Plots of field strength vs. frequency indicate that a
Zenneck wave propagates best at ELF and VLF frequencies up to about 35 kHz and
begins to lose
advantage as frequency rises above this point.
Predicted Zenneck wave field strength decrease for around-the-world propagation as a function of frequency in kHz.
The complex longitudinal propagation phase constant along the Earth's
surface for the Zenneck surface wave.
The Zenneck Surface Wave vs.
the Norton Surface Wave
A 1/2-wave dipole antenna in free
space--the Hertz antenna--approaches an ideal source of electromagnetic radiation
in the form of space waves. These space waves can reach the
receiver either by sky-wave propagation or by ground-wave propagation,
the latter being the portion
of the radiated space wave that propagates close to the earth's surface.
The ground wave has both direct-wave and
ground-reflected components, and under certain conditions a tropospheric
ducting component. The direct-wave is limited
only by the distance to the horizon from the transmitter plus a small
distance added by atmospheric diffraction around the curvature of the
earth. The ground-reflected portion of the radiated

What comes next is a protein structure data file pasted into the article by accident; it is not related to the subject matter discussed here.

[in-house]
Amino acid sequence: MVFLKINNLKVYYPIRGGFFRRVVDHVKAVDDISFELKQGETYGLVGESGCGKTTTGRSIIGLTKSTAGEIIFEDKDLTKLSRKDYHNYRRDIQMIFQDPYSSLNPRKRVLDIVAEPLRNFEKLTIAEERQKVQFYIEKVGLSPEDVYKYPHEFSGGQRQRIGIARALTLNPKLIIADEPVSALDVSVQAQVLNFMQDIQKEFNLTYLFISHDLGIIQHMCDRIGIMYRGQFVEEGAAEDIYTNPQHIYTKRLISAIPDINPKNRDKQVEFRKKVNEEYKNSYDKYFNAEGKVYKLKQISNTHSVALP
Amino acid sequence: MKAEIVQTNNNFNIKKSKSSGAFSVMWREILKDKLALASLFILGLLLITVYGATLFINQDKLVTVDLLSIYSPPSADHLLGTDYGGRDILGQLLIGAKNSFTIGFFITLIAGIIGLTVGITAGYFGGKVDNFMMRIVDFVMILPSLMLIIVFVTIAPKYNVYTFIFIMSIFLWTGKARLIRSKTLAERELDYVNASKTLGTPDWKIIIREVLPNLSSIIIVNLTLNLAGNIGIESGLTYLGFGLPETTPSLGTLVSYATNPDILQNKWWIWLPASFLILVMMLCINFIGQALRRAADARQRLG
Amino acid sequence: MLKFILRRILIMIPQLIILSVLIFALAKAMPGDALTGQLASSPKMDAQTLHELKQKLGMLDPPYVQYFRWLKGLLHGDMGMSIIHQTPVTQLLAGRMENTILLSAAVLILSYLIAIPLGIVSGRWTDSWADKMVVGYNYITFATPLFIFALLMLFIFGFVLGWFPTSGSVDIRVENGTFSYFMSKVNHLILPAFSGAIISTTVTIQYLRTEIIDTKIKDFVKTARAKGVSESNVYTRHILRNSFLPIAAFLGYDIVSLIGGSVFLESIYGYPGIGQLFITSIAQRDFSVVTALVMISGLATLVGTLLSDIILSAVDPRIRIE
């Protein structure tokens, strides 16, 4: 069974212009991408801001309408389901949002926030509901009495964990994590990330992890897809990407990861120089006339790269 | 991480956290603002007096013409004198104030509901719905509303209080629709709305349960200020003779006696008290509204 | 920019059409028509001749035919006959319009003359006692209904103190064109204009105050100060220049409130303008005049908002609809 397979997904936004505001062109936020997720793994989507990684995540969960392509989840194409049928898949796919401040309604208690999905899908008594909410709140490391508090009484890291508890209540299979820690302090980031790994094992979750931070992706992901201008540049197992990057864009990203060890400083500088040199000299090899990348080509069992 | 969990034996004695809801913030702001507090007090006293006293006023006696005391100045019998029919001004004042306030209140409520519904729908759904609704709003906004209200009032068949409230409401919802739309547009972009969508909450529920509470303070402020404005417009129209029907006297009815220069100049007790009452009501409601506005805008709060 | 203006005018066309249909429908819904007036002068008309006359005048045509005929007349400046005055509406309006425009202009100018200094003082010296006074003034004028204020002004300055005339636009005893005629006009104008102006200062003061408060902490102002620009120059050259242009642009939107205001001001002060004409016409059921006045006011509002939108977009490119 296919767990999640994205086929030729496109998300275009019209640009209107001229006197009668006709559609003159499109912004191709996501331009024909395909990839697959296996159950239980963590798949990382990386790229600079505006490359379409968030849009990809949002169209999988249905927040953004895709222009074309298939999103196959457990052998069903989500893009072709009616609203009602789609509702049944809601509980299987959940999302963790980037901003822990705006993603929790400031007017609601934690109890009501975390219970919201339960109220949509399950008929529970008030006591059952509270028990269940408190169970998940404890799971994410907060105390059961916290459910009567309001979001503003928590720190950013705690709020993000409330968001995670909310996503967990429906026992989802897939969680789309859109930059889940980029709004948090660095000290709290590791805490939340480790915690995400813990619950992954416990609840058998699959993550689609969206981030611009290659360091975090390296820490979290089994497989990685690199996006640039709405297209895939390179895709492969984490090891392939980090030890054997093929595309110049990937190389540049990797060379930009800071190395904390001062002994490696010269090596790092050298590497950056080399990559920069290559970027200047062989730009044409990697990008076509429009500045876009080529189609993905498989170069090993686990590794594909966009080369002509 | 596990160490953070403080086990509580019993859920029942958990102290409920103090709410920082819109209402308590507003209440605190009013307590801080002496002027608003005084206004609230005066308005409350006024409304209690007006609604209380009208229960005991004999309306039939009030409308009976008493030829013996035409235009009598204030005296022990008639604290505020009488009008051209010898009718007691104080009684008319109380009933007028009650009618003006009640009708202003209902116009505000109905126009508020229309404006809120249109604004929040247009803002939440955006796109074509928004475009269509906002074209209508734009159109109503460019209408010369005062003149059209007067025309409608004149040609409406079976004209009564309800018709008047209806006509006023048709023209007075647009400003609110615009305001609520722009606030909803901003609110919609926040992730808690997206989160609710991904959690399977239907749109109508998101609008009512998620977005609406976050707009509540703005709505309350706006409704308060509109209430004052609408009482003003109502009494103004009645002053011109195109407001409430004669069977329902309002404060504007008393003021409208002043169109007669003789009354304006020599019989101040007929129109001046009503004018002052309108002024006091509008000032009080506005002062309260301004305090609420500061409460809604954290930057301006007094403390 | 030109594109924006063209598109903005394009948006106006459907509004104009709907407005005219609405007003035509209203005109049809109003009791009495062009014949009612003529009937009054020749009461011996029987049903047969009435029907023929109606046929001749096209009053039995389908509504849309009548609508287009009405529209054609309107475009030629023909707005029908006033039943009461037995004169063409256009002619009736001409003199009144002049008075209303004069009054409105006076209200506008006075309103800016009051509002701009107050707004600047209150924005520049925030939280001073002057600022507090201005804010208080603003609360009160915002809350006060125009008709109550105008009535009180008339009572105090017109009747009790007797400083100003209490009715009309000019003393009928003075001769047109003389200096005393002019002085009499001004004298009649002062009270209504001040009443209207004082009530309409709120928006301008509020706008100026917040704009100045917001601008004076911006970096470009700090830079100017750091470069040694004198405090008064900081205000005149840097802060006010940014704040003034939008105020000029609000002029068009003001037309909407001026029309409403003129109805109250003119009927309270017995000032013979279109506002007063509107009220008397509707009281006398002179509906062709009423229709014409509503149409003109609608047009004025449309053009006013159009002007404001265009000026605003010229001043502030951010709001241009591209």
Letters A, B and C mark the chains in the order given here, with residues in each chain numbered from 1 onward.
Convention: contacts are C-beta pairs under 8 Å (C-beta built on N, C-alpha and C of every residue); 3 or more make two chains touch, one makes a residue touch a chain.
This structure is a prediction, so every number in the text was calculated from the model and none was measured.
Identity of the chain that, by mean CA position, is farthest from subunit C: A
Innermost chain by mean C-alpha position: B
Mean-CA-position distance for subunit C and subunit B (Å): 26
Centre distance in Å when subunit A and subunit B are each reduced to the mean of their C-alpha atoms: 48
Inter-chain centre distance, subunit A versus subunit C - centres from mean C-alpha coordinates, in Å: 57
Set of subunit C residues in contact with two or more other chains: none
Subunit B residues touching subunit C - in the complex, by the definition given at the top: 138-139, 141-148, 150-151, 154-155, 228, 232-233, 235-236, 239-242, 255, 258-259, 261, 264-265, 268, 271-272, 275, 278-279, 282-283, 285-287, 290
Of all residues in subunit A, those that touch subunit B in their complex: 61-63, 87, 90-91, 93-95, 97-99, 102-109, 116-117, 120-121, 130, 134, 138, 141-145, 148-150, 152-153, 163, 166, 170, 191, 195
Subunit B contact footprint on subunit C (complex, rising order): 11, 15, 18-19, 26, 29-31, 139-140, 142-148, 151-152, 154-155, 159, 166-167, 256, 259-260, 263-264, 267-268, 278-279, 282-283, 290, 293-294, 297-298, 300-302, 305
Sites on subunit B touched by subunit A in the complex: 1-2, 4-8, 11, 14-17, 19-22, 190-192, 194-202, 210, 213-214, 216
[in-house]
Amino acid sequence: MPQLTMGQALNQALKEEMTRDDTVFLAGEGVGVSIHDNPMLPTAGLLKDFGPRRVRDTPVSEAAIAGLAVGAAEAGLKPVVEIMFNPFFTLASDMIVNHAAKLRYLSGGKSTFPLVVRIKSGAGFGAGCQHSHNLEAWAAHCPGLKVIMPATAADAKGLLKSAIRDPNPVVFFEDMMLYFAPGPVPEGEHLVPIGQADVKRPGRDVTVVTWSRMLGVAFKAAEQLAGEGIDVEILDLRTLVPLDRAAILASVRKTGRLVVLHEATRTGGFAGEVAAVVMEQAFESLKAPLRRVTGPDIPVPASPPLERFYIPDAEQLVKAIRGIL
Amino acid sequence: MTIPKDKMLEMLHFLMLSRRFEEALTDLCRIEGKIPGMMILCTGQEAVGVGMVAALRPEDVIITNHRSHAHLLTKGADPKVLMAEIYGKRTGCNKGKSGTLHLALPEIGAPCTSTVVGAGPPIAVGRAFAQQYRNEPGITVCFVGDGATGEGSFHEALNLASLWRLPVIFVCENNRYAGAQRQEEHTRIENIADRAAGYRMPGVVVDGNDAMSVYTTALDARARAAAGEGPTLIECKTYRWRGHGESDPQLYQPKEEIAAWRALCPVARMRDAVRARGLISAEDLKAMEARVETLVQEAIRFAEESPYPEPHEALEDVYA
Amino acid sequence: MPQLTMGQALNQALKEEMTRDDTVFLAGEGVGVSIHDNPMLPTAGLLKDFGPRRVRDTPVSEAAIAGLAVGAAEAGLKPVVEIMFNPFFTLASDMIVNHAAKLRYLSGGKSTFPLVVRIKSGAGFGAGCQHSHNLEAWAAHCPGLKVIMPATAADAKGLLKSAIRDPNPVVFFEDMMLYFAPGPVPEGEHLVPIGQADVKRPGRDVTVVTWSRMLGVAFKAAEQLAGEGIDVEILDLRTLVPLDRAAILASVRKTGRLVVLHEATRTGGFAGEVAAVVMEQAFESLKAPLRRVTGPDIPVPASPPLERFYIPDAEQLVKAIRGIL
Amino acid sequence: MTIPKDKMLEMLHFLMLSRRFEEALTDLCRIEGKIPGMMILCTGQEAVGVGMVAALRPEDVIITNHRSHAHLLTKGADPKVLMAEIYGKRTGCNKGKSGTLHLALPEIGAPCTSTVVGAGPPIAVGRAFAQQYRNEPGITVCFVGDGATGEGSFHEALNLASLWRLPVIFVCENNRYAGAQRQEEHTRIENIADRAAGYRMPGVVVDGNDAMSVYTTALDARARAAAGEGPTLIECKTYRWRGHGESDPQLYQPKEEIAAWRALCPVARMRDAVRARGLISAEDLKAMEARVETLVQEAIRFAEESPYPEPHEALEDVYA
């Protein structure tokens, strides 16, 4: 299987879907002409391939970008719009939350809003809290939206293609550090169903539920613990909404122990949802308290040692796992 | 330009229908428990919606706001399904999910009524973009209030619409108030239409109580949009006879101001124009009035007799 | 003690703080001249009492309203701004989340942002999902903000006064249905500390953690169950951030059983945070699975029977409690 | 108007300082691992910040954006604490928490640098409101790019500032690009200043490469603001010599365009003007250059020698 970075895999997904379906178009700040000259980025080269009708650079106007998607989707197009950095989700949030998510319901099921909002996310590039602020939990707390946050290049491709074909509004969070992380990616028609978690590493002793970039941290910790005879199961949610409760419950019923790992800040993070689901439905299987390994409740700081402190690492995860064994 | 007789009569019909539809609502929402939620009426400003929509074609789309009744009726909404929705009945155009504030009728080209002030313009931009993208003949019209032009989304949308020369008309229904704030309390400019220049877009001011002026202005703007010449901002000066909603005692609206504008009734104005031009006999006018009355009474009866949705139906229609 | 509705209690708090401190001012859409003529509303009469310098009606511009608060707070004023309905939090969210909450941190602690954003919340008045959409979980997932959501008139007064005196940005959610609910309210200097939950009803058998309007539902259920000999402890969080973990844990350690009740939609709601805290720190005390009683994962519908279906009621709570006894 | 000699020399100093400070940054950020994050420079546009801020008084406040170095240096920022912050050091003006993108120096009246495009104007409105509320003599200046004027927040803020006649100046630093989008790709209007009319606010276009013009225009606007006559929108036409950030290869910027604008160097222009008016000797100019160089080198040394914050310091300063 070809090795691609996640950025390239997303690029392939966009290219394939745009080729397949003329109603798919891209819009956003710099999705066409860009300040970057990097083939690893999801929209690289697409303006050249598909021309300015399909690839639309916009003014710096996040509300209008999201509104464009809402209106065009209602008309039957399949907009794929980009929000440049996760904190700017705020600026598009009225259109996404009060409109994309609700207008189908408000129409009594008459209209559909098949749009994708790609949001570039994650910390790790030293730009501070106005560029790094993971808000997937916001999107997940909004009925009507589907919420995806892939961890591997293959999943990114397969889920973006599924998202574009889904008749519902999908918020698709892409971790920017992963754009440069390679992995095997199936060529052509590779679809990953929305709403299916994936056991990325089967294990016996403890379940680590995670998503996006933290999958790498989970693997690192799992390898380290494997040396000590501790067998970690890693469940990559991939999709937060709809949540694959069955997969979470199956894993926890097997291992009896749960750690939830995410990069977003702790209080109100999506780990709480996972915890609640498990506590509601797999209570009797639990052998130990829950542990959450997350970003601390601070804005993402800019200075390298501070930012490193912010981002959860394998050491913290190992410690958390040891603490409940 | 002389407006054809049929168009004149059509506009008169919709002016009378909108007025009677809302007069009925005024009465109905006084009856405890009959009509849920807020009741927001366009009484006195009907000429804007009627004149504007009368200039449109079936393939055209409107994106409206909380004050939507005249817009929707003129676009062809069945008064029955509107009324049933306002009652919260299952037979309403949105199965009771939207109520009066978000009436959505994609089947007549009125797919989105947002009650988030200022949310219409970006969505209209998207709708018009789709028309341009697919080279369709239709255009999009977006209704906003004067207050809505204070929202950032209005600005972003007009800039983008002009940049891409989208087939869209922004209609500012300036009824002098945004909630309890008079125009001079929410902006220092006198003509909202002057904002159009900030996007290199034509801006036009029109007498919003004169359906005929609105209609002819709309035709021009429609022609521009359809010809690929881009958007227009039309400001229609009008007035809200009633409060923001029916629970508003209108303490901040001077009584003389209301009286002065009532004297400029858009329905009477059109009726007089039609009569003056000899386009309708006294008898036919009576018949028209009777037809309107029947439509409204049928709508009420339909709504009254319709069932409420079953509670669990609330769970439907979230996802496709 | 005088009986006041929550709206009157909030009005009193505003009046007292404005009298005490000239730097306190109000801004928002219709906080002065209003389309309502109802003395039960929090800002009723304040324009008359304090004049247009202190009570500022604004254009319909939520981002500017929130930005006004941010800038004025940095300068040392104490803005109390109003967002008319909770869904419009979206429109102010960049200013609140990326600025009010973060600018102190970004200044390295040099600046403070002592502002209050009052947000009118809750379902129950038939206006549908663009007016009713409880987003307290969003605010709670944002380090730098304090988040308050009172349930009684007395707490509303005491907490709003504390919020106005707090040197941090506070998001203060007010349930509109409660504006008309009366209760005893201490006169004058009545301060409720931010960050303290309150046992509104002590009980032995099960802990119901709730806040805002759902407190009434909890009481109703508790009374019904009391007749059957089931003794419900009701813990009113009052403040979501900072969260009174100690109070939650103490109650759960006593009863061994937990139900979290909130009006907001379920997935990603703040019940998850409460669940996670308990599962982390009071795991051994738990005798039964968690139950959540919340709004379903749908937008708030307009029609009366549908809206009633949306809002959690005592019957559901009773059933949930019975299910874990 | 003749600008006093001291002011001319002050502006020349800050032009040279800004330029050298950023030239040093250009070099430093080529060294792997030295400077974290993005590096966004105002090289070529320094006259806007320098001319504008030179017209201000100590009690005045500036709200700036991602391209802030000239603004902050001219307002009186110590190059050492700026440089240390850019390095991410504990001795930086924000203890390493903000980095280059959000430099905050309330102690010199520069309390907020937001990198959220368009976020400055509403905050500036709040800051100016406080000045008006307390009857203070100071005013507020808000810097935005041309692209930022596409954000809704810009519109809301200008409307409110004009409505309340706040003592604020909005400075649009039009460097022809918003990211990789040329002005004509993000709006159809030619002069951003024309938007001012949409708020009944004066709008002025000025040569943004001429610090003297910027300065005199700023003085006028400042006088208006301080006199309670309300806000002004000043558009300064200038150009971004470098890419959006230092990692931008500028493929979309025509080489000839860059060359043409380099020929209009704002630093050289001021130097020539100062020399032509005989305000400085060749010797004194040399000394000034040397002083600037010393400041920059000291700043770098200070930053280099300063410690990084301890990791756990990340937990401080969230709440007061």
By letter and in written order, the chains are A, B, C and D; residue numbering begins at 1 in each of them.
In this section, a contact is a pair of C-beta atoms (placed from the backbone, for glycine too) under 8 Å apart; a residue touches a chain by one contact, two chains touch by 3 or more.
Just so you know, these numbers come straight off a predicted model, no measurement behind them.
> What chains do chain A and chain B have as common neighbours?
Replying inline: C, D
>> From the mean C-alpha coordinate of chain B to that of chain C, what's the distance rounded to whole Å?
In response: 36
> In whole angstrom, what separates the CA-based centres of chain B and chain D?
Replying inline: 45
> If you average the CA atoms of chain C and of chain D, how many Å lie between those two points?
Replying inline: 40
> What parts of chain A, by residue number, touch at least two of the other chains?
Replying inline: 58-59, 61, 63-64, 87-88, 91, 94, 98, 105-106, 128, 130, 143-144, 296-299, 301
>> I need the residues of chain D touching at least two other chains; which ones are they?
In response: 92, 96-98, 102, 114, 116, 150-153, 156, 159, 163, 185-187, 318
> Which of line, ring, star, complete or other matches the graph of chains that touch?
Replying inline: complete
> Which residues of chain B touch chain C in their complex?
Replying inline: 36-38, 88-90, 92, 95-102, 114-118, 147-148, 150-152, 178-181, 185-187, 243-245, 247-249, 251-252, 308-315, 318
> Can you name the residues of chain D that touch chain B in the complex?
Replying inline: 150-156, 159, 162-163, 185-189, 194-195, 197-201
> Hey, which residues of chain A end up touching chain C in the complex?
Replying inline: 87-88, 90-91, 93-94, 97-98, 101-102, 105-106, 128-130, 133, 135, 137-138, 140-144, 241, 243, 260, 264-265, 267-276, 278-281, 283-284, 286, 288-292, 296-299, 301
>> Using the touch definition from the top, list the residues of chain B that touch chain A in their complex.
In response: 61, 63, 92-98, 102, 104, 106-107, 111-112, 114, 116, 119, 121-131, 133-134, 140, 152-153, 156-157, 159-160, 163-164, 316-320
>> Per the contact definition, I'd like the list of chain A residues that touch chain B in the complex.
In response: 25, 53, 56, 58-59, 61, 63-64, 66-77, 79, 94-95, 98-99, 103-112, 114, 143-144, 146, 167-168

wave reaches the receiving antenna after being reflected from the earth's surface.
There is also an induced ground-hugging surface-wave
component known as the Norton surface
wave. This wave is the result of
electrical currents induced in the ground by refraction of a portion of
the reflected-wave component at the earth-atmosphere interface. Upon reflection
from the Earth's surface the reflected wave undergoes a 180deg phase
reversal. When both transmitting and receiving antennas are on, or
close to, the ground, and the distance between them becomes great, the
direct and reflected components tend to cancel out, and the resulting
field intensity is principally that of this surface wave. Because
part of its energy is absorbed by the ground, the electrical intensity of
the surface wave is attenuated at a much greater rate than inversely as
the distance. It is the conductivity of the underlying terrain that